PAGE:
But ace David Price tried to make the slugger's decision a little bit easier.
"I've talked to him a couple of times," Price said recently. "I told him we'd love to have him here."
Price, Martinez's teammate with the Detroit Tigers in 2014-15, elaborated in an interview with USA Today Sports that was published Tuesday.
"I told J.D. he will love the guys here in this clubhouse, but also told him he'll get booed," Price told the newspaper. "He's a quiet, soft-spoken guy, but he'll handle it. Besides, everyone gets booed. I heard Big Papi get booed many times in Fenway."
Martinez's five-year, $110 million contract won't be finalized until he passes a physical, likely Wednesday or Thursday. Until then, team officials, including manager Alex Cora, have declined to discuss the move or the impact that Martinez could make on an offense that finished with the fewest homers in the American League last season.
But Red Sox players were bullish about the new addition. Center fielder Jackie Bradley Jr. described Martinez as a "difference-maker," while first baseman Mitch Moreland called him a "force." Even Hanley Ramirez, who could end up losing playing time -- and perhaps even $22 million -- as a result of Martinez's arrival, expressed his enthusiasm.
"It's a good bat -- at least 40 homers -- and we're trying to win this s---," said Ramirez, whose $22 million option for 2019 will vest if he reaches 497 plate appearances. "This is how we can do it, to get him. It's a good player."
Martinez, an outfielder, slots into Boston's lineup as the primary designated hitter, which in turn pushes Ramirez into a first-base timeshare with Moreland.
"It's one of those things that, once we get into the season, it's not about our at-bats. It's more about the wins and losses," Moreland said. "We're going to worry about that part of it. He's a force, obviously. To have him kind of anchored in the middle of our lineup is only going to help us."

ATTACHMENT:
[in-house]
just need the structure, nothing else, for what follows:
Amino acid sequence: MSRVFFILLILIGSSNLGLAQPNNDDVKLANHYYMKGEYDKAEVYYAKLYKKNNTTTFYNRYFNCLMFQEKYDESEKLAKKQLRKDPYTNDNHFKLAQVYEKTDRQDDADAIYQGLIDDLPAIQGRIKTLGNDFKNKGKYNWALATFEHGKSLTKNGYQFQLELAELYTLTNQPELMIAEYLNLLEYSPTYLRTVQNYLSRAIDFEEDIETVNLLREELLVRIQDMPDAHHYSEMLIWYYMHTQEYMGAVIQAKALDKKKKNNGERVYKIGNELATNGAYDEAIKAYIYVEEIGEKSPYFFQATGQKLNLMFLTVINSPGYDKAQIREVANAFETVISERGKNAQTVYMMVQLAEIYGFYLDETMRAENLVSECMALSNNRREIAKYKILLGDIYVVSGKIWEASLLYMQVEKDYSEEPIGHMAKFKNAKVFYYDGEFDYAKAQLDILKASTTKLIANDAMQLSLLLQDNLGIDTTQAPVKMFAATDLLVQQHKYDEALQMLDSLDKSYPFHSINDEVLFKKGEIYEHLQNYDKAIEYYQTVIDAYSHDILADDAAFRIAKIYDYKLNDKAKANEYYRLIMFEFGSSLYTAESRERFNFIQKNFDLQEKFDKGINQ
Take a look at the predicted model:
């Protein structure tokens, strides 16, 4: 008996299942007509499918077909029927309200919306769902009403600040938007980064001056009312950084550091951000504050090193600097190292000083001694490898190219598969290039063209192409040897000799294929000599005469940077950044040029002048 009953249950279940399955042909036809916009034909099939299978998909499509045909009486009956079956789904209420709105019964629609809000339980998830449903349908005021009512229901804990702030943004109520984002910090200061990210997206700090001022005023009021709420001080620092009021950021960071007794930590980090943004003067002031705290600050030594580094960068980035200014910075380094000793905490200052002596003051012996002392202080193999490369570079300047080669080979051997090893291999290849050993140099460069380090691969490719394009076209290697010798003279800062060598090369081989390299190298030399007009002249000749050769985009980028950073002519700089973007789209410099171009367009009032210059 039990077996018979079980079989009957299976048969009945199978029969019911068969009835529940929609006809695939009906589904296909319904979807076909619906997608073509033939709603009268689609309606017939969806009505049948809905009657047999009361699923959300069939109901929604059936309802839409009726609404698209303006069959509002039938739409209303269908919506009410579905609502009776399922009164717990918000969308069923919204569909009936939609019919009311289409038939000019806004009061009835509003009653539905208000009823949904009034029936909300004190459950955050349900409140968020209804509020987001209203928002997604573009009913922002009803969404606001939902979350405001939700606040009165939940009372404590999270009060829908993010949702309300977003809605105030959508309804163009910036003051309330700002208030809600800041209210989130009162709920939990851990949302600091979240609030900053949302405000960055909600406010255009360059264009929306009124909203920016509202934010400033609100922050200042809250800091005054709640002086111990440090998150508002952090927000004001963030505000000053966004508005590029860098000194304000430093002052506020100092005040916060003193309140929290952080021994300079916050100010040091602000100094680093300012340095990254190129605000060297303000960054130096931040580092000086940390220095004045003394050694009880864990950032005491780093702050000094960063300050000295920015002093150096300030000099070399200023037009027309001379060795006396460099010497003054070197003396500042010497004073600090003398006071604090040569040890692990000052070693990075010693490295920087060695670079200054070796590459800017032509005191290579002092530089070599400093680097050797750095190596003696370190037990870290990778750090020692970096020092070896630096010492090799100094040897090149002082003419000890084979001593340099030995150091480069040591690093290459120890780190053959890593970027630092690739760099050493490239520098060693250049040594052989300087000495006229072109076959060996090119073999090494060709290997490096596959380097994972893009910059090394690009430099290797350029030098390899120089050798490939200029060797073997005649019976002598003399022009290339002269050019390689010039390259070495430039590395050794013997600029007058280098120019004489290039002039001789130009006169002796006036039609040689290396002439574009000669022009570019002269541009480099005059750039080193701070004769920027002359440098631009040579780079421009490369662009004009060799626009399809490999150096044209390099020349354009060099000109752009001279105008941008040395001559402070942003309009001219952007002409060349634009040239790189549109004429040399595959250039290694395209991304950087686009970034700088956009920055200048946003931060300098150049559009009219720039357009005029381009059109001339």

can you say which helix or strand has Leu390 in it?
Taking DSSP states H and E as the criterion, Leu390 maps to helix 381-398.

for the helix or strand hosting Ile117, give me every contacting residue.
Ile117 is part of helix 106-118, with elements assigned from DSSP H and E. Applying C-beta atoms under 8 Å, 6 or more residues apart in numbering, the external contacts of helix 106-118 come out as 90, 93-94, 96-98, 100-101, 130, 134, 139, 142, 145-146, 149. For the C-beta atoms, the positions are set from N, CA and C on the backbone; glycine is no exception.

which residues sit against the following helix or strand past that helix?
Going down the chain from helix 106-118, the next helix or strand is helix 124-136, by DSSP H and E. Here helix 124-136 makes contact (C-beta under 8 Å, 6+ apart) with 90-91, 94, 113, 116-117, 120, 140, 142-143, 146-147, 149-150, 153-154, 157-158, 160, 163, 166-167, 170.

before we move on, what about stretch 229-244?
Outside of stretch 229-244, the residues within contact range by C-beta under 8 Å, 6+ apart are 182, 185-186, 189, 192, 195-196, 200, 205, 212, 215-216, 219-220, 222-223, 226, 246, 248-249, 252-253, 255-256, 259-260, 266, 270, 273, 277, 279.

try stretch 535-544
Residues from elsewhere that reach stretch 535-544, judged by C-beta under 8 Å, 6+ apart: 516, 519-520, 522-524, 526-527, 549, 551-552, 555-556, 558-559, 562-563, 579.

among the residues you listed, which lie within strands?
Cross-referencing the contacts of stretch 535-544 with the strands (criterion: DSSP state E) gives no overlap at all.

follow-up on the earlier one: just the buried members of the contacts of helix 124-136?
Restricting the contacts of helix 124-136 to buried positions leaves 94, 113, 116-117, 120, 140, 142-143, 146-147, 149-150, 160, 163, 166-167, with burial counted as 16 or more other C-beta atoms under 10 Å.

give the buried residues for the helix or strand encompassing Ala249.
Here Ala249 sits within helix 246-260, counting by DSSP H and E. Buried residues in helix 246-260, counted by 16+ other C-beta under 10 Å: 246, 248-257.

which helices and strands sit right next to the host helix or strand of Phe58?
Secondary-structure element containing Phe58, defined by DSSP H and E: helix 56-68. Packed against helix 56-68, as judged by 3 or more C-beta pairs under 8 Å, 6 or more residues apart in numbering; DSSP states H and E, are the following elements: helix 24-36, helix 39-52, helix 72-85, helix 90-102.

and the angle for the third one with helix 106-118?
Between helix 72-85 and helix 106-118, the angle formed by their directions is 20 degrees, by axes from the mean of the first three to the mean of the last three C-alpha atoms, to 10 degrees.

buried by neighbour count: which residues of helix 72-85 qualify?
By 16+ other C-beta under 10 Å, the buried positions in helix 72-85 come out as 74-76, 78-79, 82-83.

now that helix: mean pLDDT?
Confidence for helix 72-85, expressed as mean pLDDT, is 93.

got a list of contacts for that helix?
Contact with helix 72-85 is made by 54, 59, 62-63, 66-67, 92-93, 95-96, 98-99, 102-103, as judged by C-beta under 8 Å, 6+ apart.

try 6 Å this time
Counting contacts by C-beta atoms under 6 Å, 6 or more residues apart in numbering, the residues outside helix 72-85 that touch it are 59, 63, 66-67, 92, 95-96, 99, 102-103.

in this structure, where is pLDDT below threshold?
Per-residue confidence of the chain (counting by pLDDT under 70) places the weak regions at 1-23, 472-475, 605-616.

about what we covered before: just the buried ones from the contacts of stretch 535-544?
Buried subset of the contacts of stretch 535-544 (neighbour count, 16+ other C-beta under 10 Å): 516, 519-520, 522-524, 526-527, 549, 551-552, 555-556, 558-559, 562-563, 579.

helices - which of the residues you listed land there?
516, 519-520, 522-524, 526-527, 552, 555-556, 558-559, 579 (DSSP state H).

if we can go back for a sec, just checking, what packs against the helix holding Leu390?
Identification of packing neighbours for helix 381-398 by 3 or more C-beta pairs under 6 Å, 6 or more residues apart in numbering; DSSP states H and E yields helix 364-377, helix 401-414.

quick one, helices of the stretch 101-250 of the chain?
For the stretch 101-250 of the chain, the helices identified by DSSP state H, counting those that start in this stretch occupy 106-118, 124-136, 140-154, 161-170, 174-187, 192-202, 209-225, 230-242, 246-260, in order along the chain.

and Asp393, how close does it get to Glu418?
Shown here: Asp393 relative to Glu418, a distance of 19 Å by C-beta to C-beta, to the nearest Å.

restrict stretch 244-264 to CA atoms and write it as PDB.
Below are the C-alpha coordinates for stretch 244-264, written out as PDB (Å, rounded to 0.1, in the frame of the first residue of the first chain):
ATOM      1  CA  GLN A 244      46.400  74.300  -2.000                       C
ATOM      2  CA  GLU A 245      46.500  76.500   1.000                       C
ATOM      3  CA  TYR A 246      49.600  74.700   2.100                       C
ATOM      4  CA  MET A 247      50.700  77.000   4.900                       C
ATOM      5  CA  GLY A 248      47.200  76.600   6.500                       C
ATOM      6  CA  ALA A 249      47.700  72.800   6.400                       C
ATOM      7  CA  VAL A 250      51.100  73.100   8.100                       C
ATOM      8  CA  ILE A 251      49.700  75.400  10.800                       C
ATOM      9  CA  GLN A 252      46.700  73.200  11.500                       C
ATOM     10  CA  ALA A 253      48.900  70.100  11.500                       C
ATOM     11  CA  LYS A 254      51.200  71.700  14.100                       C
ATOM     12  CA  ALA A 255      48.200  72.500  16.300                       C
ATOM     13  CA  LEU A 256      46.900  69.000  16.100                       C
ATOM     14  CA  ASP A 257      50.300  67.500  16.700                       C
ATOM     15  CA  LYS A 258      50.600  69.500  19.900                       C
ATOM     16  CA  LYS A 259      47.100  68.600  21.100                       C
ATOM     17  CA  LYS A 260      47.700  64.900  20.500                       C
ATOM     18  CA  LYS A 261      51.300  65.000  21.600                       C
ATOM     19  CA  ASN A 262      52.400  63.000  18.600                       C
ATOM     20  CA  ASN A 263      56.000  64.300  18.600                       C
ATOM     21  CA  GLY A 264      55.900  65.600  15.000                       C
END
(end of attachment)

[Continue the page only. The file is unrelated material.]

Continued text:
Martinez is coming off a career-best season last year with 45 home runs and a .690 slugging percentage in 119 games. He hit 29 homers and slugged .741 in 62 games after a midseason trade to the Arizona Diamondbacks.
Over the past four seasons, Martinez and Mike Trout are the only players in baseball to bat .300 with at least 125 homers and a .550 slugging percentage.
"He's proven himself," left fielder Andrew Benintendi said. "I'm just looking forward to getting to know him. I've heard he's helped out young guys throughout his years, so I'll be all ears when he comes in."
If anyone is qualified to inform Martinez on the ins and outs of being a big-ticket free-agent addition in sports-obsessed Boston, it's Price, a lightning rod since he signed a seven-year, $217 million contract in December 2015.
Boston isn't for everyone. Expectations for the four professional sports teams tend to be unreasonably high. The Red Sox, for example, have won 93 games and the American League East title in back-to-back seasons, yet most fans viewed last year, in particular, as a disappointment.
"You guys expect a lot," Price said of the Boston fishbowl. "You've had a lot of championship teams. The Patriots have won a lot, the Celtics in '07 or '08, the Bruins. You guys expect a lot, and guys coming into Boston know that."
Asked what advice he would give to a Red Sox-bound free agent such as Martinez, Price kept it simple.
"Go out there and win," he said. "Winning cures everything."